Now Serra was angry. "So you lied just now when you told the jury she didn't tell you that?" he roared, rushing toward Gourley. The officer blushed, and stammered, "I just recalled it; if it's in my report then that's what happened." Judge Golden admonished Serra to back off from the witness and resume his position at a lectern between the two counsel tables.
Serra asked if Gourley remembered he had put it in his report that Lucille Lincoln told him she talked with her son. "I did not recall it," said Gourley
Serra was still angry. "You come into court as one of the case agents; you don't read your own report, and you tell the jury something that is false?" accused Serra, his voice getting louder and louder, finally punching out the last word in a full shout.
Williams: Objection, argumentative. Judge: Sustained. (The jury had heard the accusation, nevertheless.)
Serra: Do you want to read your report? Gourley: If you'd like me to.
Serra: You did put that in your report? Gourley: Yes, I did.
Serra: So I take it you retract your statement that you were never told that by Mrs. Lincoln? Gourley: That's correct.
Williams then tried to rehabilitate his witness, drawing out from Gourley that the report is from his second interview with her. Williams: So why did you note that (admitting she talked with Bear) in your second report and not in your first report? Gourley: She didn't tell me that the first time.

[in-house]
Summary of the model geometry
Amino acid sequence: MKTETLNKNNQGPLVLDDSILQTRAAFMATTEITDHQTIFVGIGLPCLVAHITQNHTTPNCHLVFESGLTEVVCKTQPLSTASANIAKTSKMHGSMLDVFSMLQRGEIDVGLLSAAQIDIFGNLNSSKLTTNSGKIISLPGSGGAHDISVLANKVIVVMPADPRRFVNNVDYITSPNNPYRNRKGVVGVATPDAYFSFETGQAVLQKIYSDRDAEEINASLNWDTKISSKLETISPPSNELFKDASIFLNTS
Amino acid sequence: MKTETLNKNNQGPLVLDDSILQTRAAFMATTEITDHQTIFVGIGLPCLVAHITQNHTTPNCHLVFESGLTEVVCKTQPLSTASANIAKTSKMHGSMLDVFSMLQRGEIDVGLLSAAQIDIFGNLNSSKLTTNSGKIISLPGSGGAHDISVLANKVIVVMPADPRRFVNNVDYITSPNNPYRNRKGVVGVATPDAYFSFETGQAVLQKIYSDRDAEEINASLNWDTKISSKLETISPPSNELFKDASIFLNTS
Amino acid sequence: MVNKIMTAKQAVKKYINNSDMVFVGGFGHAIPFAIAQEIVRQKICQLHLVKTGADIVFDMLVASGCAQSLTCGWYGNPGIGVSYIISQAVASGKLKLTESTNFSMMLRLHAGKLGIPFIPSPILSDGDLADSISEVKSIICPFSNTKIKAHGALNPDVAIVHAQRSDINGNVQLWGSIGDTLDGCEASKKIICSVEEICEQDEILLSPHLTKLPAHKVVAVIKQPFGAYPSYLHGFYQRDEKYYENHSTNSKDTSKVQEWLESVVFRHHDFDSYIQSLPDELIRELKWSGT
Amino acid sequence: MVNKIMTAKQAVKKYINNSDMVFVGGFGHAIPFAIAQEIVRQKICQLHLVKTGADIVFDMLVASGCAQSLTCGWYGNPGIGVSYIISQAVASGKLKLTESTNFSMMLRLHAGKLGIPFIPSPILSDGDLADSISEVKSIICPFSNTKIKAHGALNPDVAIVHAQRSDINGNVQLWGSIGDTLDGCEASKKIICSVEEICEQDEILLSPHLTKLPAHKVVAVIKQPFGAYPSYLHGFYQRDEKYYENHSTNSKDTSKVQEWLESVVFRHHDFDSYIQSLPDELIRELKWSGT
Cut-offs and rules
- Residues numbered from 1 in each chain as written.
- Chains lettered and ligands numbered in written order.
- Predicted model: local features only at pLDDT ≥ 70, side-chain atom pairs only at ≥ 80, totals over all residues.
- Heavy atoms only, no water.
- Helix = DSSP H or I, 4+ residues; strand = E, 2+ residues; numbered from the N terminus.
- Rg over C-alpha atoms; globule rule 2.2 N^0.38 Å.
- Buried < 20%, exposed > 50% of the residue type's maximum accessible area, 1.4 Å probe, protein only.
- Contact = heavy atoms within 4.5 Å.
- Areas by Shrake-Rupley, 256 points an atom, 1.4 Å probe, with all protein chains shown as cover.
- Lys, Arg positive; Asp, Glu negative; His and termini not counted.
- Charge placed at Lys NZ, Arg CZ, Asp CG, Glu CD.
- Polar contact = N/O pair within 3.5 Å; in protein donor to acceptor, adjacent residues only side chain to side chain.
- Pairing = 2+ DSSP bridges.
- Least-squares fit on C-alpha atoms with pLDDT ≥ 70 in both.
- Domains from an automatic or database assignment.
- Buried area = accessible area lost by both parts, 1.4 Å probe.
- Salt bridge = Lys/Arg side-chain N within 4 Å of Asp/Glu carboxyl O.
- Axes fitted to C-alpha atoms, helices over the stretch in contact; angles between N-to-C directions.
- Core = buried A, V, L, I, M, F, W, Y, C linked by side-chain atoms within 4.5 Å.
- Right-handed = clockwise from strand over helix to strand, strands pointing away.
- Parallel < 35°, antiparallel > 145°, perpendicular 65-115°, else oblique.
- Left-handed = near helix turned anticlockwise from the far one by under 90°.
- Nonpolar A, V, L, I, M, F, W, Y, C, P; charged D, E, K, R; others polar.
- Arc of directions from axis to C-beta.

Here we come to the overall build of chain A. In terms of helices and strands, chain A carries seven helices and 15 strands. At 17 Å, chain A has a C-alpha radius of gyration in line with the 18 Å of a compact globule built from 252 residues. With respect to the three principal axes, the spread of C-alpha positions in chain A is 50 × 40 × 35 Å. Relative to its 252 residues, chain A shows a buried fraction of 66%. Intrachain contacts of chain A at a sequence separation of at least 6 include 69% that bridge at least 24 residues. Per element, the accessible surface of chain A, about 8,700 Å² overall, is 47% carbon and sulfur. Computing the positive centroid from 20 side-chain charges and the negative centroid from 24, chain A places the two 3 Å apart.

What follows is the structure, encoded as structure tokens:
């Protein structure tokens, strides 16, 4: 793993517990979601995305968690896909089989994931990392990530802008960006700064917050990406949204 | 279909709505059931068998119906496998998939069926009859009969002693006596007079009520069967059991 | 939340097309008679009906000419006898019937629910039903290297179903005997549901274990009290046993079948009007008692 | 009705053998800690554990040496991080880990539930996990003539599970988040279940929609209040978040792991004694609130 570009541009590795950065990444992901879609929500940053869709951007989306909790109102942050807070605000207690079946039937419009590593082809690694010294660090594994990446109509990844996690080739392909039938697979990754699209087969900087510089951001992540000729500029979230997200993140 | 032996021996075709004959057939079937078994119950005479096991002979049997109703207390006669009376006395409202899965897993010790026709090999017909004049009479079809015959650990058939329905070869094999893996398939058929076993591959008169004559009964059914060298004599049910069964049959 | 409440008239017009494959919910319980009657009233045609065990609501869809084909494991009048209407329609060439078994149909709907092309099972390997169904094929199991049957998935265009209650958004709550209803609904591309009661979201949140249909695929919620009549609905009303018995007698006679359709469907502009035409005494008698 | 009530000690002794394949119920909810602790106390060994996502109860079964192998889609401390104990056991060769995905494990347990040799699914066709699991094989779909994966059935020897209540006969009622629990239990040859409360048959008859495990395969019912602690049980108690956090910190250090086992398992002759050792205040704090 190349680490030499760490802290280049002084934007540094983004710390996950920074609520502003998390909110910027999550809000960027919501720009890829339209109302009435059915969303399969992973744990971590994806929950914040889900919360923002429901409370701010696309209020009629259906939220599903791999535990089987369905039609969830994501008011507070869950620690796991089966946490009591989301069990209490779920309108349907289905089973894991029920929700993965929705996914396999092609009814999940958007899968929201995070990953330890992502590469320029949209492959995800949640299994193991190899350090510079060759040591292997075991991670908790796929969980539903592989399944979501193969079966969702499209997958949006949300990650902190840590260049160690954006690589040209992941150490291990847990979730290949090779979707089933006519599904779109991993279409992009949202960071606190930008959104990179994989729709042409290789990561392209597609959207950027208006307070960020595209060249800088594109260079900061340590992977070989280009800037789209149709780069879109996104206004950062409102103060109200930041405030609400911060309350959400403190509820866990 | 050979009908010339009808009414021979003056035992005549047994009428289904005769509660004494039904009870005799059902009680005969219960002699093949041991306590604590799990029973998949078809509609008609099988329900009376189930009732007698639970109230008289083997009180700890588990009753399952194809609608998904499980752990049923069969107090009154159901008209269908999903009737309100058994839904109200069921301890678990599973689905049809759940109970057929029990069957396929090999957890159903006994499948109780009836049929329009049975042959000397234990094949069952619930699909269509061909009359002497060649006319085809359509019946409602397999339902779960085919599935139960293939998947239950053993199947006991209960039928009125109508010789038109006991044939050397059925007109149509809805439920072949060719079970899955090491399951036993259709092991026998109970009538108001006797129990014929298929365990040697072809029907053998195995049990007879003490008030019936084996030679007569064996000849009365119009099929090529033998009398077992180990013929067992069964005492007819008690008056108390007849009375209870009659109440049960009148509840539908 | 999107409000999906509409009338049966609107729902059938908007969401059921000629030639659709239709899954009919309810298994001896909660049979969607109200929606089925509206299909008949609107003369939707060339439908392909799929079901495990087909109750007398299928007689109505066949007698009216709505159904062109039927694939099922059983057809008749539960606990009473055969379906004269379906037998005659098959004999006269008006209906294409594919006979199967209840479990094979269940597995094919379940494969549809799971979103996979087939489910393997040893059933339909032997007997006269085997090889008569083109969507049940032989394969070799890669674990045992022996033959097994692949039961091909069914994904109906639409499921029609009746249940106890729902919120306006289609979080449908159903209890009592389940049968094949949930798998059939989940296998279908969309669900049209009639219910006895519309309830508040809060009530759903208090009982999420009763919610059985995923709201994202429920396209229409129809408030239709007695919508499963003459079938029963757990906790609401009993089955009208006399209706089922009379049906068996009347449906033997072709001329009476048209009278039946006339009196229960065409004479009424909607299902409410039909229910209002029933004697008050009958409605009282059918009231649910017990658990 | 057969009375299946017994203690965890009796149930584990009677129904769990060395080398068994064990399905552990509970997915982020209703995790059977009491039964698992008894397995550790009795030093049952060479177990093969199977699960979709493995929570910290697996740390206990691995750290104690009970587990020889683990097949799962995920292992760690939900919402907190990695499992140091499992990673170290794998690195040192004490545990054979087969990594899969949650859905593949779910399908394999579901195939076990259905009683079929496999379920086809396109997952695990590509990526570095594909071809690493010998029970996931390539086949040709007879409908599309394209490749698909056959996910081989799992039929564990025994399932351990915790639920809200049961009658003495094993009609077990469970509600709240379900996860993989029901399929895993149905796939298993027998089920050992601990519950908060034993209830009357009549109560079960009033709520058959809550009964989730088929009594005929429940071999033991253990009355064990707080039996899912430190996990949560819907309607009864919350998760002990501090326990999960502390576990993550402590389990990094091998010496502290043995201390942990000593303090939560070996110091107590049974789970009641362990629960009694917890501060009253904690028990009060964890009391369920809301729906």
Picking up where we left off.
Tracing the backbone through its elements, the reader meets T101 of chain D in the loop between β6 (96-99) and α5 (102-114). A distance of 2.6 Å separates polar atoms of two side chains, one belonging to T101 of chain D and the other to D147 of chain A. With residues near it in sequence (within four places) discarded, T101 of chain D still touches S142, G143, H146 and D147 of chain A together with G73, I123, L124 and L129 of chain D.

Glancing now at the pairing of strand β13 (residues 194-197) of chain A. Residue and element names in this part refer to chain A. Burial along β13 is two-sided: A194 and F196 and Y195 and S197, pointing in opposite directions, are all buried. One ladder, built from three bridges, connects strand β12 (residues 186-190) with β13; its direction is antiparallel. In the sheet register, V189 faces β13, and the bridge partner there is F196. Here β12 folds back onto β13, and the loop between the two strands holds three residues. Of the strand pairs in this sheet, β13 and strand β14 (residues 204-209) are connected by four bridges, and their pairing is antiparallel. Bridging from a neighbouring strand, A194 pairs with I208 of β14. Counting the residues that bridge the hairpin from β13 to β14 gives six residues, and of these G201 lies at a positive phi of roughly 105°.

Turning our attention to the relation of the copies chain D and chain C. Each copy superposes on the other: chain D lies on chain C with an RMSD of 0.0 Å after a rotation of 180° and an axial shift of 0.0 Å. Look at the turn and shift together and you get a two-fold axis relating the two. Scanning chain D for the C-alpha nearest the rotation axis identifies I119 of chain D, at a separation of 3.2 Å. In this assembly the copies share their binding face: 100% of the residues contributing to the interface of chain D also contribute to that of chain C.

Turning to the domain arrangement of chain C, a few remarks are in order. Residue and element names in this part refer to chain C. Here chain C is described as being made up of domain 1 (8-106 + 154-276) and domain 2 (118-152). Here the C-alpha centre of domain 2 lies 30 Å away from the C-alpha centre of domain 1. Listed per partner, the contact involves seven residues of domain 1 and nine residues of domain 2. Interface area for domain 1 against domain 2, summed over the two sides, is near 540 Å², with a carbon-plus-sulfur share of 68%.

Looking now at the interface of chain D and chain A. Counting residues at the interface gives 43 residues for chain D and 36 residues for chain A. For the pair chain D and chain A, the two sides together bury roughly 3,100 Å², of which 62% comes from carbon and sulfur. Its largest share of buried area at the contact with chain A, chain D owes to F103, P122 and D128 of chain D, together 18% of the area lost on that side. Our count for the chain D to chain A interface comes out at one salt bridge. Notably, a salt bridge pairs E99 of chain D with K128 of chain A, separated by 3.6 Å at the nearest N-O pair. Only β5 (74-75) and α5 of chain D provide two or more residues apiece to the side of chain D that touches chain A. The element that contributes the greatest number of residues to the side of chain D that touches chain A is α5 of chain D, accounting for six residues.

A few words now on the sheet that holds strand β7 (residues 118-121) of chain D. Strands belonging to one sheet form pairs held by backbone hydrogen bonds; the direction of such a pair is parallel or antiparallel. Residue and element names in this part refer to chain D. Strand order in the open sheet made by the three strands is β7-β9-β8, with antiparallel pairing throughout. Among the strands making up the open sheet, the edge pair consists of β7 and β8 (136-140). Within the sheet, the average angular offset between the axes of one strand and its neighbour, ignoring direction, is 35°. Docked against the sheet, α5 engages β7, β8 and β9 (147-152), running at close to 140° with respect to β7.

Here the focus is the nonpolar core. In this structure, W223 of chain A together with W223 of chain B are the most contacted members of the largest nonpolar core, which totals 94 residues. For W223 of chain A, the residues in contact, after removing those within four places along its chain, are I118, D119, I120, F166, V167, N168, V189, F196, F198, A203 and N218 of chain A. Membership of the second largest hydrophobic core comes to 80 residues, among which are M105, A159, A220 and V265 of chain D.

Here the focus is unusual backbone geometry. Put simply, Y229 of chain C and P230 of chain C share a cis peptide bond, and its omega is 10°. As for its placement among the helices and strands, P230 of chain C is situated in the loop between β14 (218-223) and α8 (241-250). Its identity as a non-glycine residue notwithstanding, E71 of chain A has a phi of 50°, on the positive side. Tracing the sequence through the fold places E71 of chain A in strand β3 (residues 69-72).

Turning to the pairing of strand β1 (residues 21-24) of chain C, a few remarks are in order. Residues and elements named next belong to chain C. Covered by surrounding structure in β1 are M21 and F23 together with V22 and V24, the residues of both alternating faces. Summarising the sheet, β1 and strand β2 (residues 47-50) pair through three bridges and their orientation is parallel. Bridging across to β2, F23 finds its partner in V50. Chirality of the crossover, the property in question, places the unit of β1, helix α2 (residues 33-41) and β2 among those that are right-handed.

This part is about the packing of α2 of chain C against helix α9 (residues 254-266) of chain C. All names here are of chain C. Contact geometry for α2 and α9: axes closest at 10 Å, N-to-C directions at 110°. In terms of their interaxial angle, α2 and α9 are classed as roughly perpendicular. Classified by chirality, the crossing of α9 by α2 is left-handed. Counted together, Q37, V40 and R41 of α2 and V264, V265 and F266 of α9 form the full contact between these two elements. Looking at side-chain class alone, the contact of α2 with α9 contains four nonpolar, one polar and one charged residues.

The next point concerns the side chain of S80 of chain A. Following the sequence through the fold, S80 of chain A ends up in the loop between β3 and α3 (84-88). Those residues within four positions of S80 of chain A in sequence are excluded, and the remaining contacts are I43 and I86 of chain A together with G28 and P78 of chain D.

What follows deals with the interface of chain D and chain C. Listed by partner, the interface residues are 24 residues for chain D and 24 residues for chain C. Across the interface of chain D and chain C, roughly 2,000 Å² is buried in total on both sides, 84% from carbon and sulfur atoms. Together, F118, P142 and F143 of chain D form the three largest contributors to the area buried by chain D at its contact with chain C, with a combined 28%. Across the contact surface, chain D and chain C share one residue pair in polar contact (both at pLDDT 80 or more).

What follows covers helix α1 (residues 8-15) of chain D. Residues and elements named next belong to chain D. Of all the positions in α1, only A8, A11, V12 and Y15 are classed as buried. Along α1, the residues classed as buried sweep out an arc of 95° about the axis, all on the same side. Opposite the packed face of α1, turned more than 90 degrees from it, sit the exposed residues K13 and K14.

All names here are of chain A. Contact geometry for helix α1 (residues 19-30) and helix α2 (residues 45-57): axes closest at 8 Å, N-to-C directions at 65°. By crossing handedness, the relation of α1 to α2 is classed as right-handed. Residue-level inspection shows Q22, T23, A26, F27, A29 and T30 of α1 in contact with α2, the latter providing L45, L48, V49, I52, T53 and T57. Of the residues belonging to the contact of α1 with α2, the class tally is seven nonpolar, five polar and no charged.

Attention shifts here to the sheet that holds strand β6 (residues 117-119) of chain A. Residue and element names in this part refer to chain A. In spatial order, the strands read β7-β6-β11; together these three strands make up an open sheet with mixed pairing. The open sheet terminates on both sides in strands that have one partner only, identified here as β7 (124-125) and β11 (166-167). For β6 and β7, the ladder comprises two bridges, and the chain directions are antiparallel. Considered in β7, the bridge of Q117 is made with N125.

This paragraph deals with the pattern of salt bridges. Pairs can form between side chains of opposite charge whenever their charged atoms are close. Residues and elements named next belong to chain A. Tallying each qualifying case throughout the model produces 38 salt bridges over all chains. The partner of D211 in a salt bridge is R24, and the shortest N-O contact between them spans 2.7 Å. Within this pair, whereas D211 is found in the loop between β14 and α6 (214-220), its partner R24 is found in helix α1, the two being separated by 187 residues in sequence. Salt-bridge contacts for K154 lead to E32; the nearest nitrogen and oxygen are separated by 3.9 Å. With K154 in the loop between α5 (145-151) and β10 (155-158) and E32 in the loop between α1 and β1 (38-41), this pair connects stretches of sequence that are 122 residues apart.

There were no further questions and Gourley left the witness stand.
next called Special Agent John Gunn of the FBI. Gunn questioned Lucille Lincoln
almost two weeks after Gourley had. He didn't tape record it, he said,
because FBI policy is not to record witness statements.
Had she seen Bear the night of the shootings? Not at her home, but she had seen him at her sister's. She specifically said she had not seen or talked with him at her own house. She said at her sister's Bear told her he had run out of bullets, then ran from the scene. She said she did not know of Bear owning a gun. In a second interview May 16, Gunn reported that Bear had told her, "the cops shot my best friend right in front of me, and I shot the officer."
In Serra's cross-examination of Special Agent Gunn, it came out that he took no notes of the second interview, and he agreed that human memory is "definitely fallible." Gunn later started writing a report while in Covelo, and finished it at his office in Santa Rosa. He agreed that there were no exact quotations in his report of the words spoken by Lucille Lincoln. Mrs. Lincoln did tell him that she was fearful for her son's safety in the hands of local law enforcement since he had been involved in a shooting incident with them.
Albion Monitor August 24, 1997 (http://www.monitor.net/monitor)